Tuesday, March 29, 2011


Related life forms from the Eukarya domain to which humans belong

Love, death, flora, fauna, self, mother, father, child, sister, brother, pleasure, etc., etc., We all have our themes and interests. We make distinctions. Certain things interest us, other do not. 'I am not interested in death, not even my own,' Colette famously said.

Editors also have preferences. Some have mission statements. The 21st century has not so far been a time for anything as grand as a manifesto, but there are mission statements and explicitly stated editorial policies about content. One from the American Poetry Journal states, "not interested in: poems about family members; poems about the poet; the poem; or writing a poem; or poems with an overabundant 'I.'" (Italics theirs.) Their mission does not interest me. I love, for instance, the big I-am of Whitman's "Song of Myself," and the first person voice of Bishop's "In the Waiting Room."

The idea of family--all kinds of families--fascinates me. According to scientist E.O. Wilson, writing in The Future of Life, biologists now divide life into three domains "on the basis of DNA sequences and cell structure." Humans belong to the Eukarya, a vast domain, which I like to think of as family. The Eukarya, includes "the single-celled protists or 'protozoans,' the fungi, and all of the animals." Plants, too.

Dear Readers, dear Eukarians: what fascinates you?


  1. I'm big on the 'I', Mim. I love the 'I' Mim. Most of us do, though not all would admit to it.

    A poem is far more than its content, more than the sum of its parts. To restrict it by abolishing some of those parts is to kill the poem.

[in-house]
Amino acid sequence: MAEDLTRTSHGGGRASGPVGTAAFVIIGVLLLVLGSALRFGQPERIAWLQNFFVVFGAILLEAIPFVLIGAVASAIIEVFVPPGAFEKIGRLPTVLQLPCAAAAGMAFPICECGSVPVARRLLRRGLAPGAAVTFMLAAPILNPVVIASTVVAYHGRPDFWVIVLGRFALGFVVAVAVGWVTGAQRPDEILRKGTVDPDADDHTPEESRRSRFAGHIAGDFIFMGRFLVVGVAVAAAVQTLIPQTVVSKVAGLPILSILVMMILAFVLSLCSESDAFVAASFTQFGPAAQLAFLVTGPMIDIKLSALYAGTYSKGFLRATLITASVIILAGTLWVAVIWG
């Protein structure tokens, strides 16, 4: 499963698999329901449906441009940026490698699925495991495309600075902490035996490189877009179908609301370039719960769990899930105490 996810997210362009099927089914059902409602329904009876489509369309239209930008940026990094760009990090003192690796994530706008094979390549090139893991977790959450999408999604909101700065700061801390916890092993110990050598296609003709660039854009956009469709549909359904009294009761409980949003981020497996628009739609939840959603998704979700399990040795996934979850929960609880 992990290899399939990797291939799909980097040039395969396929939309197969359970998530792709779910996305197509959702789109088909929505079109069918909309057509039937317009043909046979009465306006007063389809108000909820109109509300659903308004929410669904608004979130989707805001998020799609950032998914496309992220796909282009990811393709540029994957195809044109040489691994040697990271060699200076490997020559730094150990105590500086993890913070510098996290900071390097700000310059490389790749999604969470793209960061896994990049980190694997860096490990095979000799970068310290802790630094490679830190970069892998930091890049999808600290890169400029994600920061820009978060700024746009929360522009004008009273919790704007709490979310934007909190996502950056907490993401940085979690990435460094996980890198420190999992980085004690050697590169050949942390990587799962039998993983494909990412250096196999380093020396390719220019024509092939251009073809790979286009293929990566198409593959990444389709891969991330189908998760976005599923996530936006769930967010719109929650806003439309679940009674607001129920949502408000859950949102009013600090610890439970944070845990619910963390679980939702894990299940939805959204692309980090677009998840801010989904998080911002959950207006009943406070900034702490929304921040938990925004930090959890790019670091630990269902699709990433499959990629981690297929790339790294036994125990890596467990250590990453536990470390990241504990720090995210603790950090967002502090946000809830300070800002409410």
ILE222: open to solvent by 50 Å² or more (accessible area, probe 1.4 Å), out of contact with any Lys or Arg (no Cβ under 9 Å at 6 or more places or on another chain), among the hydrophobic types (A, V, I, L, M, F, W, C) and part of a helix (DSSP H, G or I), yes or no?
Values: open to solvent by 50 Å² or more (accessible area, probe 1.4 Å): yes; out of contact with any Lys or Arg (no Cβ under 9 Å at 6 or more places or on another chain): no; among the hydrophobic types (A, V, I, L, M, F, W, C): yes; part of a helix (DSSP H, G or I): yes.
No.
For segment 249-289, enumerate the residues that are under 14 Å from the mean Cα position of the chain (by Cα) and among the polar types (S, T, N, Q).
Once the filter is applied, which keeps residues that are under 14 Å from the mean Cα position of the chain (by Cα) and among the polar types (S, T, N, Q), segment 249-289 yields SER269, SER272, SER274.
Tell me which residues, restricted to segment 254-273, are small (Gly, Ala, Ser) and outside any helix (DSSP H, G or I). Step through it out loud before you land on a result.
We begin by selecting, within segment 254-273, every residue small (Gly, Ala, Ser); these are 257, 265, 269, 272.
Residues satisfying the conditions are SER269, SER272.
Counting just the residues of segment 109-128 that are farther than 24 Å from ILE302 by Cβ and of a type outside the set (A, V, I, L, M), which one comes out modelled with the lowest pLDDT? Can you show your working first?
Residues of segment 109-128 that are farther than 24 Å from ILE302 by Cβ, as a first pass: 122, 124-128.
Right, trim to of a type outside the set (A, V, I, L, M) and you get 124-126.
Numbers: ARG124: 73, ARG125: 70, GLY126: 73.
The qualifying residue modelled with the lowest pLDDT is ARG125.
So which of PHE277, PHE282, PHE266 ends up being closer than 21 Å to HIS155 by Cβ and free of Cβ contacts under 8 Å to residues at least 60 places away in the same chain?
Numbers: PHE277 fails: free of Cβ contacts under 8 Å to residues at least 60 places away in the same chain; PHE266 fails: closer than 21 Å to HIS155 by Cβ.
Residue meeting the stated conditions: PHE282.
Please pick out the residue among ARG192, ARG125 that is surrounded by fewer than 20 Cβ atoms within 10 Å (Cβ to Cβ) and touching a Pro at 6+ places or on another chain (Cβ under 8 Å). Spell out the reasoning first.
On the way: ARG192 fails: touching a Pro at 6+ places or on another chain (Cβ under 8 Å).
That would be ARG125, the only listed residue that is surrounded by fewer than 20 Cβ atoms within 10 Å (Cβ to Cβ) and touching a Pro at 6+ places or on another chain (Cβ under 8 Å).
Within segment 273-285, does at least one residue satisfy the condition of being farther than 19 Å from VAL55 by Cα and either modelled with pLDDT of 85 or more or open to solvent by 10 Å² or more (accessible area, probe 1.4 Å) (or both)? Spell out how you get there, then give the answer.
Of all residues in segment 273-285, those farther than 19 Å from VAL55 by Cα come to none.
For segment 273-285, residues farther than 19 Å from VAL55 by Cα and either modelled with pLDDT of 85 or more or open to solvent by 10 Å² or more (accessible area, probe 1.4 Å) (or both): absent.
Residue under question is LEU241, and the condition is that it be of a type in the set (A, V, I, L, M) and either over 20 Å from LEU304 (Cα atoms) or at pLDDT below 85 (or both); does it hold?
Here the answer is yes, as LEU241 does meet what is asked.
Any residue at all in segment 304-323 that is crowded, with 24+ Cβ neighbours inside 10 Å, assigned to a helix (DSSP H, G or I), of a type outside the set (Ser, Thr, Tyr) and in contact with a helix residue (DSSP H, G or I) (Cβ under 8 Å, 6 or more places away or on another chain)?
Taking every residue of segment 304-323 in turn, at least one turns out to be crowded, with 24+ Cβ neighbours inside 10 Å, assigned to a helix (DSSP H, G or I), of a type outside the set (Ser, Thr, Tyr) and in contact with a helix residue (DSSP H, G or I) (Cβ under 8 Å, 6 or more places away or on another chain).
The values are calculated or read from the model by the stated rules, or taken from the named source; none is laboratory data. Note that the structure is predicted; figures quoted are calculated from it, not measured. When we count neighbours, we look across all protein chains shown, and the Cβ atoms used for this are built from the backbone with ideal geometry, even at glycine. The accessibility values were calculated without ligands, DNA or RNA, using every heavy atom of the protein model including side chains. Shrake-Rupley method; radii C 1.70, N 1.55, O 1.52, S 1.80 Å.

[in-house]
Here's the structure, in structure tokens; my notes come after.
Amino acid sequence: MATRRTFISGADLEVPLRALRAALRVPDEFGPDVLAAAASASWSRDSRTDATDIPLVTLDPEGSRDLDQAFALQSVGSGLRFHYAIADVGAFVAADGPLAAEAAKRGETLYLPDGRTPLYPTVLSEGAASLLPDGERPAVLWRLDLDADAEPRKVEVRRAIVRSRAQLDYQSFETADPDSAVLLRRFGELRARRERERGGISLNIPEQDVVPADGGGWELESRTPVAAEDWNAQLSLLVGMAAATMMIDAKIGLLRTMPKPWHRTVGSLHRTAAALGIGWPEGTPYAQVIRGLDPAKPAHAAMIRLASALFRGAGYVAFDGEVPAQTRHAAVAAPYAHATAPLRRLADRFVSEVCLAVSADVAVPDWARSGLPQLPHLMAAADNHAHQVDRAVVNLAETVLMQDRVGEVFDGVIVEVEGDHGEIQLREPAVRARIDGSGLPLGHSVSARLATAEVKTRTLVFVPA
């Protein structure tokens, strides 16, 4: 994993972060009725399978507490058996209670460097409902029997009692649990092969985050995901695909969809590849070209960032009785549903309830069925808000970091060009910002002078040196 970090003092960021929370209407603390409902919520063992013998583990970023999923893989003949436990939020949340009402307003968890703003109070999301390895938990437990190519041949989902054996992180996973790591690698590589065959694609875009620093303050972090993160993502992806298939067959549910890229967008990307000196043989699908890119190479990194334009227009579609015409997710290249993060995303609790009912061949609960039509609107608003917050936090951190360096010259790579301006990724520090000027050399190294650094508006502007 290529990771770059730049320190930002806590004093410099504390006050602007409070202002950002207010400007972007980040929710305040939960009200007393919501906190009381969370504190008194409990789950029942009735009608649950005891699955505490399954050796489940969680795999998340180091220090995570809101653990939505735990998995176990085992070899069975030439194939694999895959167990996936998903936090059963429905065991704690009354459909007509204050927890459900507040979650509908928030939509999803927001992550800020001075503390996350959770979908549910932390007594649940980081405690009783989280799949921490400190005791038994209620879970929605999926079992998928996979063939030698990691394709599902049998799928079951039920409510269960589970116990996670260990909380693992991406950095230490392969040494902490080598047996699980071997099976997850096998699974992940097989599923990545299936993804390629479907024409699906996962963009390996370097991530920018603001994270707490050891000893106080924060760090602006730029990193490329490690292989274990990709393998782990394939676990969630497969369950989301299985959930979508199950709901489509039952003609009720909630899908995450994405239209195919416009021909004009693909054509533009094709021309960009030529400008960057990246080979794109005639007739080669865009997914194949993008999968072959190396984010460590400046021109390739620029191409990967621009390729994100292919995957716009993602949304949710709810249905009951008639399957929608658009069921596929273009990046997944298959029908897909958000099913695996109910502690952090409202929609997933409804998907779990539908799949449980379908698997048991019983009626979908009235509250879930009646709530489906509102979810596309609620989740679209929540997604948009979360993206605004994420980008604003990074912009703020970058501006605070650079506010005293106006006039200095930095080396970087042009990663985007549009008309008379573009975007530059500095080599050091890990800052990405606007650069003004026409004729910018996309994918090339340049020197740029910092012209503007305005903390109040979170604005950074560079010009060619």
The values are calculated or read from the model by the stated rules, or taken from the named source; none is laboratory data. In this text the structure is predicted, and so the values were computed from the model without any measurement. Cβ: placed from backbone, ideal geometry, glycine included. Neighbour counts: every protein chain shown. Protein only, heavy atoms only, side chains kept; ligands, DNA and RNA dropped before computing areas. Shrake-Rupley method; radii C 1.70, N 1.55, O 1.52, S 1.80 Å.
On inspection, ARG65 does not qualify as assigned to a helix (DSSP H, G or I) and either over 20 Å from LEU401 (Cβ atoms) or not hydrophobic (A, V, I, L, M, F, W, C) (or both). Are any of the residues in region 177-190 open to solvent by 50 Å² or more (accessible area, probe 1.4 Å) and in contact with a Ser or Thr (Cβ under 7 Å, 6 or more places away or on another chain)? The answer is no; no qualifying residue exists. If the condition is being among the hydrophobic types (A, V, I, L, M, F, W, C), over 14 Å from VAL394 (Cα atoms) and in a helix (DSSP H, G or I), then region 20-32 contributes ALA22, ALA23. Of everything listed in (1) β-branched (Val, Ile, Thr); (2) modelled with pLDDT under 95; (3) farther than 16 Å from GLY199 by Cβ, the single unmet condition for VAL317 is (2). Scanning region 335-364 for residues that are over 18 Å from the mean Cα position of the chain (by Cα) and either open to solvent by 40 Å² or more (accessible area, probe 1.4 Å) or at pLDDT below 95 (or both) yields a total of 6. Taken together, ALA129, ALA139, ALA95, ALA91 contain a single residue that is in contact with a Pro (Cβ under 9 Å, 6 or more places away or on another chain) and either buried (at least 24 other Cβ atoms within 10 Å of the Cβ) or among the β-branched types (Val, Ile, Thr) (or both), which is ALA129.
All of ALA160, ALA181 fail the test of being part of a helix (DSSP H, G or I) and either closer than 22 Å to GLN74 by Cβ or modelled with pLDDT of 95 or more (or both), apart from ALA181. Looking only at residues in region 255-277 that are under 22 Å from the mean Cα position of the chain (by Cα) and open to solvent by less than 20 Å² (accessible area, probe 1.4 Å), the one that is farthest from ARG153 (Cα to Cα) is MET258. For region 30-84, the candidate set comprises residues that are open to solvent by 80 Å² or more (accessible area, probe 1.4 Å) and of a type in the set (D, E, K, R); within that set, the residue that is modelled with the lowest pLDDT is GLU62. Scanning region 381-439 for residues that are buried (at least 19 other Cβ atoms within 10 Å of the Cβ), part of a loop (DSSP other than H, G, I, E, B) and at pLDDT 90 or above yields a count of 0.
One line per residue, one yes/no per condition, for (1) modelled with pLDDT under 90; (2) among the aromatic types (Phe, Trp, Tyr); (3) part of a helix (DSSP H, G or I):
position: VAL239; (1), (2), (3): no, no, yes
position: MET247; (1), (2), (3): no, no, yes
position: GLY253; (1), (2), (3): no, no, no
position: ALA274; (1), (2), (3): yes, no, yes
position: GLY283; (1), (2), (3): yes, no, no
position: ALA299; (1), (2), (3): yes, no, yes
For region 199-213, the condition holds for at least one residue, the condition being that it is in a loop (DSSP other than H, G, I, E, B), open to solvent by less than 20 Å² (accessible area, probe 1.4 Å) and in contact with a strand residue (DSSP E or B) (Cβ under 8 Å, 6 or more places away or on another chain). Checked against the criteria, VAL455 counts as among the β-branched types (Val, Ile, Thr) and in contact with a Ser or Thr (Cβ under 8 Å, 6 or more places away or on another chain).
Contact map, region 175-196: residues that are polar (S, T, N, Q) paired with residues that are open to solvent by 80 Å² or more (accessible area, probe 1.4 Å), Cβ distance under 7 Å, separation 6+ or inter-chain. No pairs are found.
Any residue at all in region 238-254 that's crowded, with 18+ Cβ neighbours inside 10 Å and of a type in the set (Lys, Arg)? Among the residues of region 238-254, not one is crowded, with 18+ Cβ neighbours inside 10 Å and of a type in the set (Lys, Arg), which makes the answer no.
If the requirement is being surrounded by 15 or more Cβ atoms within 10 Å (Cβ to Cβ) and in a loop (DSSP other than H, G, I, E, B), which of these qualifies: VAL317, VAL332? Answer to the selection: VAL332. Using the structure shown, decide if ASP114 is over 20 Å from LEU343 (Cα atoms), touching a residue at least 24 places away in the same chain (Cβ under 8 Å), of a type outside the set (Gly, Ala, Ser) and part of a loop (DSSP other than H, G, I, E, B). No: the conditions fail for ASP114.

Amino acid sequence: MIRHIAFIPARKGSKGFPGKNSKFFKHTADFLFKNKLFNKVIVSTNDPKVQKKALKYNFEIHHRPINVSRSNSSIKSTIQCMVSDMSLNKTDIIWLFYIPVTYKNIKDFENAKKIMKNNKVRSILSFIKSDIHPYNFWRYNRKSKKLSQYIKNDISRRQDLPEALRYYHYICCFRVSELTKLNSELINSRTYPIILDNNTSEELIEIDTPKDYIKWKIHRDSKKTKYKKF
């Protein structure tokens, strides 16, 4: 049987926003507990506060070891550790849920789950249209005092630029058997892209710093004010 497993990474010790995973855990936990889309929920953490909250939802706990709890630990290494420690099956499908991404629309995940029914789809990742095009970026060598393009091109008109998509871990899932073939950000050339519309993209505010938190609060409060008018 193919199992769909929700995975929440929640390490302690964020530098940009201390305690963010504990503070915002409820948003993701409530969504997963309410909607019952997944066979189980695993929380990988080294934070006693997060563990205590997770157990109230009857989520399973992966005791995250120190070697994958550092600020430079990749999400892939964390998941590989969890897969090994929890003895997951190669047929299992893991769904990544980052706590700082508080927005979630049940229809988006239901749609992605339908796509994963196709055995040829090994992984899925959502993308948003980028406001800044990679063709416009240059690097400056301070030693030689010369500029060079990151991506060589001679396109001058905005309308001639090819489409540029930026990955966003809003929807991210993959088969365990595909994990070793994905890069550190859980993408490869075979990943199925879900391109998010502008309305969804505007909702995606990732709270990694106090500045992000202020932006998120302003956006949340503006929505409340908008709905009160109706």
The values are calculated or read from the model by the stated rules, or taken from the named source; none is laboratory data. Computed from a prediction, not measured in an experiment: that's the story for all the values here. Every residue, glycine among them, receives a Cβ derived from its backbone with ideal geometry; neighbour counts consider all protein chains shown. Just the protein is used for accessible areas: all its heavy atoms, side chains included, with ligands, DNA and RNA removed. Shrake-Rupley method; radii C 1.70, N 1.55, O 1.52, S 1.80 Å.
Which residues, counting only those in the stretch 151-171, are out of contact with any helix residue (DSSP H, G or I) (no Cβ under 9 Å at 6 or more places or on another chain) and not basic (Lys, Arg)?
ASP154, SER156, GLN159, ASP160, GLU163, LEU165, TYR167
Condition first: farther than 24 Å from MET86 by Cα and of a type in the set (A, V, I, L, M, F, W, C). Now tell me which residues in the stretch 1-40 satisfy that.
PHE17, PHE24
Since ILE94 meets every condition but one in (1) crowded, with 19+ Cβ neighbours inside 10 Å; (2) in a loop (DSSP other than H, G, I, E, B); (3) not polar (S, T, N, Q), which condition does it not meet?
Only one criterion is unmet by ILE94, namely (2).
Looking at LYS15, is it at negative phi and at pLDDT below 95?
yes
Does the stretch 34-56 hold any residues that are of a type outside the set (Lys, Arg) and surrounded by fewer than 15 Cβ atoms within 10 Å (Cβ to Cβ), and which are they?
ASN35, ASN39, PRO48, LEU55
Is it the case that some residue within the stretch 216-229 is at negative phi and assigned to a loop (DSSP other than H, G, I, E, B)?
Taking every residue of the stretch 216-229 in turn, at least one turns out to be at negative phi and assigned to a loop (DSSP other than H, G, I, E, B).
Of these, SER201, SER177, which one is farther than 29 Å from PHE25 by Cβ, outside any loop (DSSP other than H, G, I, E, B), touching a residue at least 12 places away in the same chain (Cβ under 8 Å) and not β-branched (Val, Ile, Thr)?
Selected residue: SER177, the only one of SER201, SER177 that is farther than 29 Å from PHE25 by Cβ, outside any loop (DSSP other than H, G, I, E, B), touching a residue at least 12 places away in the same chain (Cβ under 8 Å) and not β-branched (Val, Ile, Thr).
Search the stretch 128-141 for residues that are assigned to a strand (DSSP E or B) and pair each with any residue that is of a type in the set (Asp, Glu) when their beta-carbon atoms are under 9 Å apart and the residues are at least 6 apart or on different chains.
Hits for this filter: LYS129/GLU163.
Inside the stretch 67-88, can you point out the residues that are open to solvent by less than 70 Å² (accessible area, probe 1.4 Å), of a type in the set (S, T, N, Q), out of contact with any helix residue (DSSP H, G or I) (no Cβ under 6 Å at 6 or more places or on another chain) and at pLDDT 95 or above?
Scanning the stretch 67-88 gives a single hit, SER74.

Thanks, for this Mim. It's thought provoking.

  2. It's good to hear your admission, Elisabeth. I'm banishing those restrictions from my mind.

    Be well! Write on!

  3. i am fascinated by...EO Wilson. i have his hugely lavish book, The Ants, which is one of my most precious possessions.
    i think it would be wonderful to be the person who knows everything there is to know about ants.


  4. Hmmm -- I am going to get E. O. Wilson's book -- The Future of Life -- it should be fascinating -- barbara

  5. Fascinating and dismaying, Barbara, yet he believes there's a way to prevent total eco-disaster.

    Susan: You've got his big book! E.O. loves the smallest things.

  6. One could make the argument that every poem is about the poet. All poetry is borne of the flesh, no matter how far the poet chooses/tries to disassociate from the poem. Just a thought.

  7. I love artist manifestoes, especially those early Modernist ones: the collectivism, idealism, & fervent belief in the transformative power of art. Reading them makes for an inspiring read when the energies are flagging, &, like you say, they have no contemporary equivalents.

    Contemporary mission statements?

    Most mission statements strike me as an attempt to create an identity for an organisation, & most have the same tepid expression as bland corporate brand creators. Not very inspiring, &, ultimately, sadly reductionist in spirit.

    The mission statement you reference would seem to be keen on poetry of an impersonal, mythic, or archetypal, nature, not favourable to poetry which could be deemed overly personal, or confessional.

    The 'don't mention the family' element strikes me as curious, & is probably a euphemism for an anti domesticity.

    For me, poetry exists before the word, & transcends verse. The poem's role is as a container for this existing essence. To say that 'this' is appropriate poetic subject but 'that' is not, is to fail to recognise poetry's omnipresence.

    Also, I agree with T. Clear:


    "Who says my poems are poems?
    My poems are not poems.
    When you can understand this,
    then we can begin to speak of poetry."
    - RYOKAN

    Thanks for the post, deffo something to chew over

    Best Wishes

    Miggy Angel